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Tariffs are slamming newspapers with higher costs. Publishers want a reprieve

Newsprint tariffs prompt layoffs at Tampa Bay Times President Donald Trump has accused America's trading partners of hurting economic growth in the United States through unfair practices. But the paper tariffs are also unusual because they were advocated by one small company in Washington state called Northern Pacific Paper, or Norpac. The company employs a few hundred workers and is owned by One Rock Capital, a private equity firm in New York. After the Commerce Department finalized its tariffs earlier this month, Norpac praised the decision and urged the International Trade Commission to make the duties permanent. CEO Craig Anneberg said in a statement at the time that the tariffs allowed Norpac to restart an idled paper machine and hire 60 workers, with another 40 jobs to fill. A Norpac spokesman said the company expected to have more to say once the commission votes Wednesday. The company has previously said that it simply wants to compete on "a level playing field" with Canadian paper producers. Opponents of the tariffs claim that protecting Norpac puts the jobs of more than 600,000 Americans working in paper, newsprint and publishing at risk. Newspaper publishers and industry groups have been supported by dozens of members of Congress, including 19 who testified before the International Trade Commission last month to push for the reversal of the tariffs. Some of those lawmakers are also looking at other ways to find relief for the industry.

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In Liberal Wine Country, Turning Newspaper Readers Into Shareholders

Atkinson’s newspapers. There is a deep affinity for local businesses — witness the two independent bookshops on the town square, and the locally owned hardware stores — and the county’s communities have been more successful than others in the United States in keeping big-box retailers away. Still, the cost of housing is so high that Mr. Holley, the managing editor, always asks potential new hires if they have a stable place to live. Mr. Atkinson said he believed that his was the first local newspaper to sell stock directly to readers. Rick Edmonds, the media business analyst at the Poynter Institute, a journalism think tank, said he knew of no other examples, even at a time of great experimentation at the level of local news , with owners testing online pay walls and nonprofit models. “We’re kind of in a period now — an inflection point, you could say — where more and more different things are coming up,” Mr. Edmonds said.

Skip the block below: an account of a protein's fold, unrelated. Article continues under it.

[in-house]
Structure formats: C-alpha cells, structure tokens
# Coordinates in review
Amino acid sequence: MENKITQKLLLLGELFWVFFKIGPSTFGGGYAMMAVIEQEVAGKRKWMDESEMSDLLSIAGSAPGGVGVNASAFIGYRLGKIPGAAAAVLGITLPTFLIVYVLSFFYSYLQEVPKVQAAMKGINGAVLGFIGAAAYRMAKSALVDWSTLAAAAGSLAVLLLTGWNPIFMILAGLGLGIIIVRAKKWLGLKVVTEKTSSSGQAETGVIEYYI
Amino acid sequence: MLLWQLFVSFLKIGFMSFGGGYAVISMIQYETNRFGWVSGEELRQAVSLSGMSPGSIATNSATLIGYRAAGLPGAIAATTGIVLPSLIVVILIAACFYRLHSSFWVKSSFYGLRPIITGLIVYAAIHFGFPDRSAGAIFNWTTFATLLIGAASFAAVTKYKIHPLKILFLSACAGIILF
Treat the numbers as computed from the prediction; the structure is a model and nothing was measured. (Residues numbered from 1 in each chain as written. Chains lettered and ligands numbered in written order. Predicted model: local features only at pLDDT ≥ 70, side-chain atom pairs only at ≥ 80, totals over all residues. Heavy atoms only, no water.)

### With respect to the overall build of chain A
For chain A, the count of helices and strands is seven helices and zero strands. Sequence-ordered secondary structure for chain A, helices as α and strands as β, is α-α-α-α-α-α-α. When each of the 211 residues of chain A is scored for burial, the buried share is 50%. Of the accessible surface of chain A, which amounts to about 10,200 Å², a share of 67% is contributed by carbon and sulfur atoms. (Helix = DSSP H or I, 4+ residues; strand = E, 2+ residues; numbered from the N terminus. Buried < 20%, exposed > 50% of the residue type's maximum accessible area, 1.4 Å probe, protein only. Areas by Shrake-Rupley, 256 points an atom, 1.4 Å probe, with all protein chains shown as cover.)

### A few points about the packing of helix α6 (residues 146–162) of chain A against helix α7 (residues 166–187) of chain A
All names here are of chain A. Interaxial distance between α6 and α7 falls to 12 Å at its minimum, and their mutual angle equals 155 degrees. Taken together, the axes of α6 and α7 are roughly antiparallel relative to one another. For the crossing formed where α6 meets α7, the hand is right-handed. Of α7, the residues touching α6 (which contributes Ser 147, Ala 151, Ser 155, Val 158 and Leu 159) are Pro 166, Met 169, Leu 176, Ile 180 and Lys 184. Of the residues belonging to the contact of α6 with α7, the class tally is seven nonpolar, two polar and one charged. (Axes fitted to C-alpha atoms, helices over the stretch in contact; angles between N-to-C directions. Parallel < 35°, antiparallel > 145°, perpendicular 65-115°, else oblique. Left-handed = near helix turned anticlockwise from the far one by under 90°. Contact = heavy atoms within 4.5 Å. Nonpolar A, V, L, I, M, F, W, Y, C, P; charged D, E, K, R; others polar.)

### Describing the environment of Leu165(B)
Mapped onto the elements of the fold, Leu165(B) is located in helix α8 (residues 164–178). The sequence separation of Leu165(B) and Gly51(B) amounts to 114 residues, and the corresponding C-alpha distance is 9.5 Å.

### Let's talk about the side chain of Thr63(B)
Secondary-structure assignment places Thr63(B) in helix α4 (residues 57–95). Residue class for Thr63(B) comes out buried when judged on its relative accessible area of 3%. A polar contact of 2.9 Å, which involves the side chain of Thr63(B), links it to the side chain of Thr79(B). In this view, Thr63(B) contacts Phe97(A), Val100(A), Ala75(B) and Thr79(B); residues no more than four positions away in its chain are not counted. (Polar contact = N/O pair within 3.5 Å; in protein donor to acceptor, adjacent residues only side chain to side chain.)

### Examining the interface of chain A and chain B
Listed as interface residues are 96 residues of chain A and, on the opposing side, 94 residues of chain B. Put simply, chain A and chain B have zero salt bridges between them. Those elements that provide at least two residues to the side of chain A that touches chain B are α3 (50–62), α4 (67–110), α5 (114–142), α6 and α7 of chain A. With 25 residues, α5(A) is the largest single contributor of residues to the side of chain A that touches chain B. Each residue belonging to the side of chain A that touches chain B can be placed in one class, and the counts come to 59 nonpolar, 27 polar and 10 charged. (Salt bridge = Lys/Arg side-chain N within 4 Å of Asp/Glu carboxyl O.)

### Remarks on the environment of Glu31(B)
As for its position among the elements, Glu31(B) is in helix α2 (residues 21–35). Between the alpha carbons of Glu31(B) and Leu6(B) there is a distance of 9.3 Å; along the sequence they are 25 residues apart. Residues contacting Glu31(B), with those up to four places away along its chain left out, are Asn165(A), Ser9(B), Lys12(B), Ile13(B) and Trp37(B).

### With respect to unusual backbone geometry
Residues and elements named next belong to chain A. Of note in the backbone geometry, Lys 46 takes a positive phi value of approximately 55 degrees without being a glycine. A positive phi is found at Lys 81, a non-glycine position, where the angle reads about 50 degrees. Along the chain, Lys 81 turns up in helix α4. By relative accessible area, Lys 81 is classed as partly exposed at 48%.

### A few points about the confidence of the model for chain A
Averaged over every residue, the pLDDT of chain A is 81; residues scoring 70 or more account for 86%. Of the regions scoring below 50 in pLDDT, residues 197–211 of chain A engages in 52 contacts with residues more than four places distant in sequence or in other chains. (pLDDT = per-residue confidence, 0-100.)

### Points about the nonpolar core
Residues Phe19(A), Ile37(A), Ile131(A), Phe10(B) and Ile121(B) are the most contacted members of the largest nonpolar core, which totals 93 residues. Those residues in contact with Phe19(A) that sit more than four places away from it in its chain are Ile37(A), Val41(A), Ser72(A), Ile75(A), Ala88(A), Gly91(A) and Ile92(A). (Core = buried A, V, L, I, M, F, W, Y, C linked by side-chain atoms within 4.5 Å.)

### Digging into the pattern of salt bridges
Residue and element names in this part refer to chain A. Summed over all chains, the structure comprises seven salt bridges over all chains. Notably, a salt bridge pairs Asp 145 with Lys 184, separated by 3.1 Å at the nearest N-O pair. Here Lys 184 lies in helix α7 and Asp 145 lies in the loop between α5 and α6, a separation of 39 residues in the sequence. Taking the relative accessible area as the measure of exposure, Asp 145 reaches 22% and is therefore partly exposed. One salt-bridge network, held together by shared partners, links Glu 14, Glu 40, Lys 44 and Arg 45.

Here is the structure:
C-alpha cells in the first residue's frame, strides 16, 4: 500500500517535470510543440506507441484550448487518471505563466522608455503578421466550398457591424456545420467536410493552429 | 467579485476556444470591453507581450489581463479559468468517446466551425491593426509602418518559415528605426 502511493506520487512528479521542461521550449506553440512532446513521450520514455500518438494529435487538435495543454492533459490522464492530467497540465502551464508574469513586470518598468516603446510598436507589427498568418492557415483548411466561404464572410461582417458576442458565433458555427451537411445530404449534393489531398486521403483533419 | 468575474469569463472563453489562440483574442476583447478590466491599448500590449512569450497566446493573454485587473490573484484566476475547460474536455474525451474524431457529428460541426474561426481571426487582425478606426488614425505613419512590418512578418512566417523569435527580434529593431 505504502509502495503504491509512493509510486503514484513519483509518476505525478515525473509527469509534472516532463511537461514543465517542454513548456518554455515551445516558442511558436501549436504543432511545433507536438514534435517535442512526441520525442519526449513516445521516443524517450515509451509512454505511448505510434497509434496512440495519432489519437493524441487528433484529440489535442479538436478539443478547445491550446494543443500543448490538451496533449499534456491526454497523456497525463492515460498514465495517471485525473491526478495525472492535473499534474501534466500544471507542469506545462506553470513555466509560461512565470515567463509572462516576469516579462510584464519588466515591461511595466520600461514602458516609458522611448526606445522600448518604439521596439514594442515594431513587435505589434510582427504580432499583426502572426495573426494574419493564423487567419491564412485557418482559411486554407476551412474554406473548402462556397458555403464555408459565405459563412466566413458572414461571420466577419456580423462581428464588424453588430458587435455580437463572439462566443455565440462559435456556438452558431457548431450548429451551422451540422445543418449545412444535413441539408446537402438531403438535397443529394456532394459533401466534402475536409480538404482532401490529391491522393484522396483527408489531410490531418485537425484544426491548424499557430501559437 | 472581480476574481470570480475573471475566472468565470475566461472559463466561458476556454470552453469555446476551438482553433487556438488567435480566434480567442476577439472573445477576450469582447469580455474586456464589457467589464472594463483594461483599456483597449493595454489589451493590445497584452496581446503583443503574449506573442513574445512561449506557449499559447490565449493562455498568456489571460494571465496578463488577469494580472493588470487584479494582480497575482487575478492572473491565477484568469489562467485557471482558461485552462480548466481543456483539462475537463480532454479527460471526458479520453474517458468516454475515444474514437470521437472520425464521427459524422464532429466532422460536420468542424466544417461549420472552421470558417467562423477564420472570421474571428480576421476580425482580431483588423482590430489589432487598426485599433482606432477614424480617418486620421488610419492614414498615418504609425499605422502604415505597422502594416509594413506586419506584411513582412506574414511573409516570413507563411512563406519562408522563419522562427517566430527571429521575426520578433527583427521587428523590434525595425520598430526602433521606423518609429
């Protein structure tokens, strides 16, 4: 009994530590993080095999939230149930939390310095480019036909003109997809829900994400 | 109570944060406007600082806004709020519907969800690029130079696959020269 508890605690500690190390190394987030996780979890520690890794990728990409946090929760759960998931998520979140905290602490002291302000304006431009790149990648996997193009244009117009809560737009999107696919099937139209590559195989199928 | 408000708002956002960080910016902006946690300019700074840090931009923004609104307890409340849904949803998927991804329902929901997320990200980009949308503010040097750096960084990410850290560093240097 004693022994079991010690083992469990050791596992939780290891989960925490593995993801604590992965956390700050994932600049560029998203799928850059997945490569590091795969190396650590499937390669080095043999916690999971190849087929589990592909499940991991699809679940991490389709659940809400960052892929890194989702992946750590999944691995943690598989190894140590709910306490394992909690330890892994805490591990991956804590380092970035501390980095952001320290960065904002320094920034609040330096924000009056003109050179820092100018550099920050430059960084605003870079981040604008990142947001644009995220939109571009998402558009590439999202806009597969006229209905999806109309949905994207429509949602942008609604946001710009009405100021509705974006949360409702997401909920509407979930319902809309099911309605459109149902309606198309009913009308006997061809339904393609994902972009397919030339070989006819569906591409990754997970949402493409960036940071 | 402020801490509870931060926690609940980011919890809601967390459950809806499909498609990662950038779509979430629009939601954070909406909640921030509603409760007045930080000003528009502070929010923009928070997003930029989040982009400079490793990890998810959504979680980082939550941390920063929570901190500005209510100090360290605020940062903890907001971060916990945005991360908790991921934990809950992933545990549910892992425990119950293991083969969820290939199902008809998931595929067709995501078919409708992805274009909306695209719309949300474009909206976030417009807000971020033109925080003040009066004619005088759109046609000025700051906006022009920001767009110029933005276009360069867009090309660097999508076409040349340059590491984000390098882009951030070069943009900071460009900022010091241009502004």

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Yarmuth pledges $10,000 to UofL student newspaper The newspaper will get Yarmuth's donation only if it can raise $10,000 to match it. FRANKFORT, Ky. (AP) - Democratic Congressman John Yarmuth has pledged $10,000 to support the University of Louisville's student newspaper. The gift kicks off a fundraising campaign to save The Louisville Cardinal. The university announced last year it would cease funding for the publication, which has enough money to operate through the fall semester. The newspaper will get Yarmuth's donation only if it can raise $10,000 to match it. They got a good start when former U.S. Ambassador to the United Kingdom Matthew Barzun donated $5,000. Barzun recently purchased Louisville Magazine. The Cardinal Board of Directors chairwoman Jenni Laidman said she was overwhelmed by both gifts. She encouraged people to donate by visiting and clicking the "donate" button.

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